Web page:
7. Apr 17, 2012
    Bully is only sad for about 3 minutes, but that doesn't mean it's a no-good documentary. The message is meaningful and many of the tales depressing, but it seems to be a bit volatile and have many of its morals jumbled up. It barely ever touches the side of the bullies (which may seemed biased, but bias is the only proper method of propaganda), and seems to show a girl who brought a gun onto a school bus as a hero and not a wrongdoer. This film is well made with good cinematography, and is very atmospheric and emotional. Overall, Bully is good, but it's hard to fully agree with what they are trying to make this movie out of. Expand
  8. Dec 21, 2013
    Today kids are killing themselves and each other at an alarming rate. The one thing all these cases seem to have in common is bullying. There was bullying when I was a kid, but 3 PM meant the end of the trouble. We had the rest of the day, the weekend, and the summer to recover. The advent of social media and cell phones has made the respite obsolete, as now, bullies can torture their victims 24/7. Bully is an award winning documentary that looks at the problems of bullying and shows the effects it has on children's lives. What I like about this film is that it showed a whole group of students from different economic, social, and ethnic backgrounds. What I took away is that anyone who is even slightly different in anyway, could be a target. What I didn't like was the solutions the film offers. Their solution is to tell someone and to stand up for kids you see being bullied, but anyone who has been bullied will tell you that those are not good ideas. Often times telling someone will anger the bully and make it worse, and as for standing up for other kids, often times that makes someone who wasn't previous bullied, a target. I think the answer is two-fold, in that first, parents need to tell their kids, from a very earlier age, that being unique, different, and even weird are admirable qualities in a person. I also believe the schools need to be tougher, because honestly, does anyone really think that giving a bully detention, telling them they're not nice, and that their hurting other kids really does anything? I think bullies need a taste of their own medicine, to feel those powerful emotions for even for just one day. You can talk until you're blue in the face, but you don't really know what something is like until you've experienced it for yourself. Expand
  9. May 25, 2012
    If this video needs to be seen by everyone, why donâ
  10. Mar 7, 2013
    Bully is honestly a very darkly themed documentary, but pushes on an issue that should be stopped. I think it is also a very well filmed movie as well, and really tears at your heart. It is sad, yet inspiring as well. Seriously I think any one and every one should watch this movie. Weather your in middle school like me or just an adult.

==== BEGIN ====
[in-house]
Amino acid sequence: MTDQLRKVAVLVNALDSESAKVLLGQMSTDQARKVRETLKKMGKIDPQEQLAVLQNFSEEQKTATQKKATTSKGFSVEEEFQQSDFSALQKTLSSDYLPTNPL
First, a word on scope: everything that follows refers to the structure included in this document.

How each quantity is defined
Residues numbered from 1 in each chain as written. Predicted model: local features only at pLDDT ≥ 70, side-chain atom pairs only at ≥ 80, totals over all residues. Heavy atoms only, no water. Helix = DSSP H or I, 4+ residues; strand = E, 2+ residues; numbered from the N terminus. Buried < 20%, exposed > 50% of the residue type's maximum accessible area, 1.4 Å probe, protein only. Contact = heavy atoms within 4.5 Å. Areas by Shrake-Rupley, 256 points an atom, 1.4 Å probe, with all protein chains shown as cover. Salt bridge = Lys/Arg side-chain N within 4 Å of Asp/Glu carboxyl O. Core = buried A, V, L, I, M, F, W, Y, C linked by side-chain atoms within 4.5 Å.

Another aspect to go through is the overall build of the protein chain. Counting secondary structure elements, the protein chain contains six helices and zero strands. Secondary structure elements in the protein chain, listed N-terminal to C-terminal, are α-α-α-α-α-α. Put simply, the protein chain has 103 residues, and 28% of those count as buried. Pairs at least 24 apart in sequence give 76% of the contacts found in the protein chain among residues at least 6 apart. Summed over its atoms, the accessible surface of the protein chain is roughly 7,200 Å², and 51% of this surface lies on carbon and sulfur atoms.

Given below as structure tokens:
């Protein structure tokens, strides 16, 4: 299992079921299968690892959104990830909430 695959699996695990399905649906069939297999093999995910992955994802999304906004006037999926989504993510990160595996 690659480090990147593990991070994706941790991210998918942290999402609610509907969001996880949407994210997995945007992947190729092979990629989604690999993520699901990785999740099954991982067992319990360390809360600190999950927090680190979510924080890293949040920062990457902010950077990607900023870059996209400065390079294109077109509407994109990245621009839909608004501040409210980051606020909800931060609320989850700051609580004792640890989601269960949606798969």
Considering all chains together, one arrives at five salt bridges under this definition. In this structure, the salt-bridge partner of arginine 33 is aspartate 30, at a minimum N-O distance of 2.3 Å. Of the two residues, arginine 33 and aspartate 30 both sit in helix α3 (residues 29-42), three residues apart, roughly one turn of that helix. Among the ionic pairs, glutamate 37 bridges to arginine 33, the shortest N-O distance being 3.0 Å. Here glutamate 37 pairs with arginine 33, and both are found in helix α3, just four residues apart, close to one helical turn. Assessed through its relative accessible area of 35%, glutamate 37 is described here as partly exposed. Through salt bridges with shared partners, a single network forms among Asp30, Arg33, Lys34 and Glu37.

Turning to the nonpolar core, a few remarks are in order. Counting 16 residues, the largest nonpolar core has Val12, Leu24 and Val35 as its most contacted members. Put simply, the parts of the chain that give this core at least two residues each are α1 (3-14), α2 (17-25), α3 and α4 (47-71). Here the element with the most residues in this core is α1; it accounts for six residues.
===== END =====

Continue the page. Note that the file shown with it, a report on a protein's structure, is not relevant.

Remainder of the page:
11. Mar 11, 2013
    If you can watch this film without tears coming down your face, well I'm convince you don't have a heart. Purchased it for 10 dollars at our local Walmart. For ten dollars there is no excuse not to own this if you're a parent. I plan on showing my daughter this film when shes old enough. Powerful documentary. I've seen a follow up on it on CNN's Anderson Cooper lately and its incredible to see how this film gave one of the young men who was bullied some new found confidence. Truly awesome to see! This film has the power to change lives. When making a documentary you couldn't ask for a better outcome than that! Expand
  12. Apr 30, 2013
    An emotional thought provoking movie. It makes you wonder if you've done enough in your life to make a difference. It is well put together and makes you think about what can be done to change such bigotry and hate.
  13. May 10, 2013
    THIS IS AN EYE OPENER. I never viewed bullying like this. Its a MUST SEE. I do caution the average viewer of this film, because it is full of mourning and sadness, for it expresses the FULL story of every kind of bully instance that has a harsh result.

Generally favorable reviews - based on 33 Critics

Critic score distribution:
  1. Positive: 29 out of 33
  2. Negative: 0 out of 33
  1. Reviewed by: Barbara VanDenburgh
    Apr 14, 2012
    It's true that the language in the film can be harsh -- but it's also very obvious that kids are hearing this kind of language in schools every day, much of it directed at them.
  2. Reviewed by: Mike Scott
    Apr 14, 2012
    This is nothing if not an important film. It is important for the bullied to see, if for no other reason than to realize they aren't alone, and it is important for the bullies to see as well as for the parents of both groups so everyone can understand just how devastating the problem is.
  3. Reviewed by: Joe Williams
    Apr 13, 2012
    Bully is a good start to a necessary conversation, but its loving voice is likely to be drowned out by haters who hide their own wounded hearts behind Internet pseudonyms and broadcast microphones.